Dem 51
image description
GOP 49
image description

Putin Gets Bitten by The Dogs of War

It's not a political story yet, although it could easily become one. When Russian President Vladimir Putin unleashed the dogs of war and invaded Ukraine, he thought they would have Ukraine on its knees in a week or two and he would be a hero. He was definitely not expecting that it would jeopardize his own rule. When Napoleon invaded Russia, he never thought that would lead to a restoration of the French monarchy and his own exile. When Hitler invaded Poland, he wasn't expecting it to lead to his suicide and the partition of Germany. When Saddam Hussein invaded Kuwait, he wasn't expecting that it would result in his eventual death by hanging. Starting a war is funny like that. It is like a box of chocolates; you never know what you're going to get.

The one thing all tyrants fear is an alternative to their rule. Putin thought he might be attacked from the left, so he locked up democracy activist Alexei Navalny. Oops. The threat was from the ultranationalist right. Putin never dreamed that the mercenary leader he created, Yevgeniy Prigozhin, who leads a force of de facto mercenaries called the Wagner Group, would turn out to be his biggest problem. But he did. Prigozhin led a mutiny and started marching on Moscow. He captured the city of Rostov, from which the Russian military runs the war in Ukraine. Then he started moving an army of 4,000 criminals armed with tanks, fighting vehicles, air defense systems, and other heavy military gear towards Moscow. They got within 200 miles of the capital. Then Putin panicked and got the dictator of Belarus, Aleksandr Lukashenko, to offer Prigozhin asylum. The Russian leader also agreed not to try to prosecute Prigozhin, even though only hours earlier he said Prigozhin had committed treason. On the other hand, Putin didn't say he wouldn't put some special flavoring in Prigozhin's tea.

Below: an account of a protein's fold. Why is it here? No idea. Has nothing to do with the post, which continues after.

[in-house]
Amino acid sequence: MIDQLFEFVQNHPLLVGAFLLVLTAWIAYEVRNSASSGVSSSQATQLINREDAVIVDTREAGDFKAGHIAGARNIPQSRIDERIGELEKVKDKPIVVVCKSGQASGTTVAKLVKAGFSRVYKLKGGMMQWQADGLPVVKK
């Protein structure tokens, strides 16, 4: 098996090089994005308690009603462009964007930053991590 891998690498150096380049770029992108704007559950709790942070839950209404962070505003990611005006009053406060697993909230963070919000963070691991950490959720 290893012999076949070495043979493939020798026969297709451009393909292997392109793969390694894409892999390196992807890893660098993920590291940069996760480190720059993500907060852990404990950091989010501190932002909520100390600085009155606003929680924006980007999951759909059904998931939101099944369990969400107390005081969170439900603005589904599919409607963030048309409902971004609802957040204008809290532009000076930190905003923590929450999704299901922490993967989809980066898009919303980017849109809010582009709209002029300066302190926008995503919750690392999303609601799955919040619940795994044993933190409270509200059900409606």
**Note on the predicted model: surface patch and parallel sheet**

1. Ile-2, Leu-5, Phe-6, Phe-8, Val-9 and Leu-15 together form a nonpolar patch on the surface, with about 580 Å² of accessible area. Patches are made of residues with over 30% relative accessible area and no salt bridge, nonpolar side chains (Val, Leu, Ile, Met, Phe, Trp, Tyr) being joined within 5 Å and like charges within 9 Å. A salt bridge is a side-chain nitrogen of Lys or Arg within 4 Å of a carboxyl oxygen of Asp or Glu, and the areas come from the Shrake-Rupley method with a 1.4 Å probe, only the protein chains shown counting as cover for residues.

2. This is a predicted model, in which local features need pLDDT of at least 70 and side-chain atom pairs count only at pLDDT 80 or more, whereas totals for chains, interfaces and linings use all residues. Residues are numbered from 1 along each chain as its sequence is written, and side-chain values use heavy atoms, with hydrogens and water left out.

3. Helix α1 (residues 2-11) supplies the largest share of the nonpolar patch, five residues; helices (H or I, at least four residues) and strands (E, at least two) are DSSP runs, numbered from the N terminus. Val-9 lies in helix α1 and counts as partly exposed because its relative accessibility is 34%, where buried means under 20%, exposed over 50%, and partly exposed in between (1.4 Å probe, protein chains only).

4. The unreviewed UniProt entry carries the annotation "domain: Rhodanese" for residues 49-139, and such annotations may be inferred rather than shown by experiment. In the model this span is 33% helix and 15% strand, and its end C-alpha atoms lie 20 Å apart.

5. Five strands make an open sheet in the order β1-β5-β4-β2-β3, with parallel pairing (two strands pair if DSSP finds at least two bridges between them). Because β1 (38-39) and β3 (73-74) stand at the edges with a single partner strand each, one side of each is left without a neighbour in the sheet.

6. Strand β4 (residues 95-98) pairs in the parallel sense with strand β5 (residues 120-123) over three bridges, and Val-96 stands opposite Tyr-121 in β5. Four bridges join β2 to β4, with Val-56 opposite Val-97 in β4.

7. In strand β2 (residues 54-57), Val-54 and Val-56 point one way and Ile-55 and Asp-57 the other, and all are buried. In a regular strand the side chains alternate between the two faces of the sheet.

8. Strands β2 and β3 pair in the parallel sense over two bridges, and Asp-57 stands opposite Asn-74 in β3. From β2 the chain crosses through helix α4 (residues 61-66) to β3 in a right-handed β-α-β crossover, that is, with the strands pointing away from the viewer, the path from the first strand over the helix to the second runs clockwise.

According to the Institute for the Study of War, which is usually pretty accurate, the Wagner Group will be dissolved and merged into the regular Russian army, even though most of the fighters are criminals who were given the opportunity to join Wagner and then be freed after 6 months—in the unlikely event they were still alive. Of course, all of them remember well who put them in prison and who freed them, so their loyalty is questionable. Will they fight, and if so, for which side? Will there be fragging (criminal soldiers killing their own officers) in order to desert? And will Prigozhin now forget his dreams of overthrowing Putin and take up gardening? If the CIA knows, no one there is talking.

The optics of Putin needing Lukashenko to save his a** is humiliating and may have gotten Lukashenko some undisclosed benefits, but there is no honor among thieves or dictators. Russians may think: "Why didn't Putin use overwhelming force to squash Prigozhin like a bug? Was it because the war has decimated the army so much that it is no longer a match for a bunch of untrained criminals? Why didn't the FSB know the rebellion was coming and warn Putin?" Expect personnel changes there. The CIA knew about this for over a week. Kurt Volker, the former U.S. ambassador to NATO, said: "Going after Prigozhin is a finger in the dike. The bigger picture is the end of Putinism." Evelyn Farkas, a former Deputy Assistant Secretary of Defense for Russia, said that Putin made a huge mistake over the years by letting Prigozhin get so rich and powerful. For a guy who used to run a hot dog stand in then-Leningrad, Prigozhin has done well for himself—possibly until now.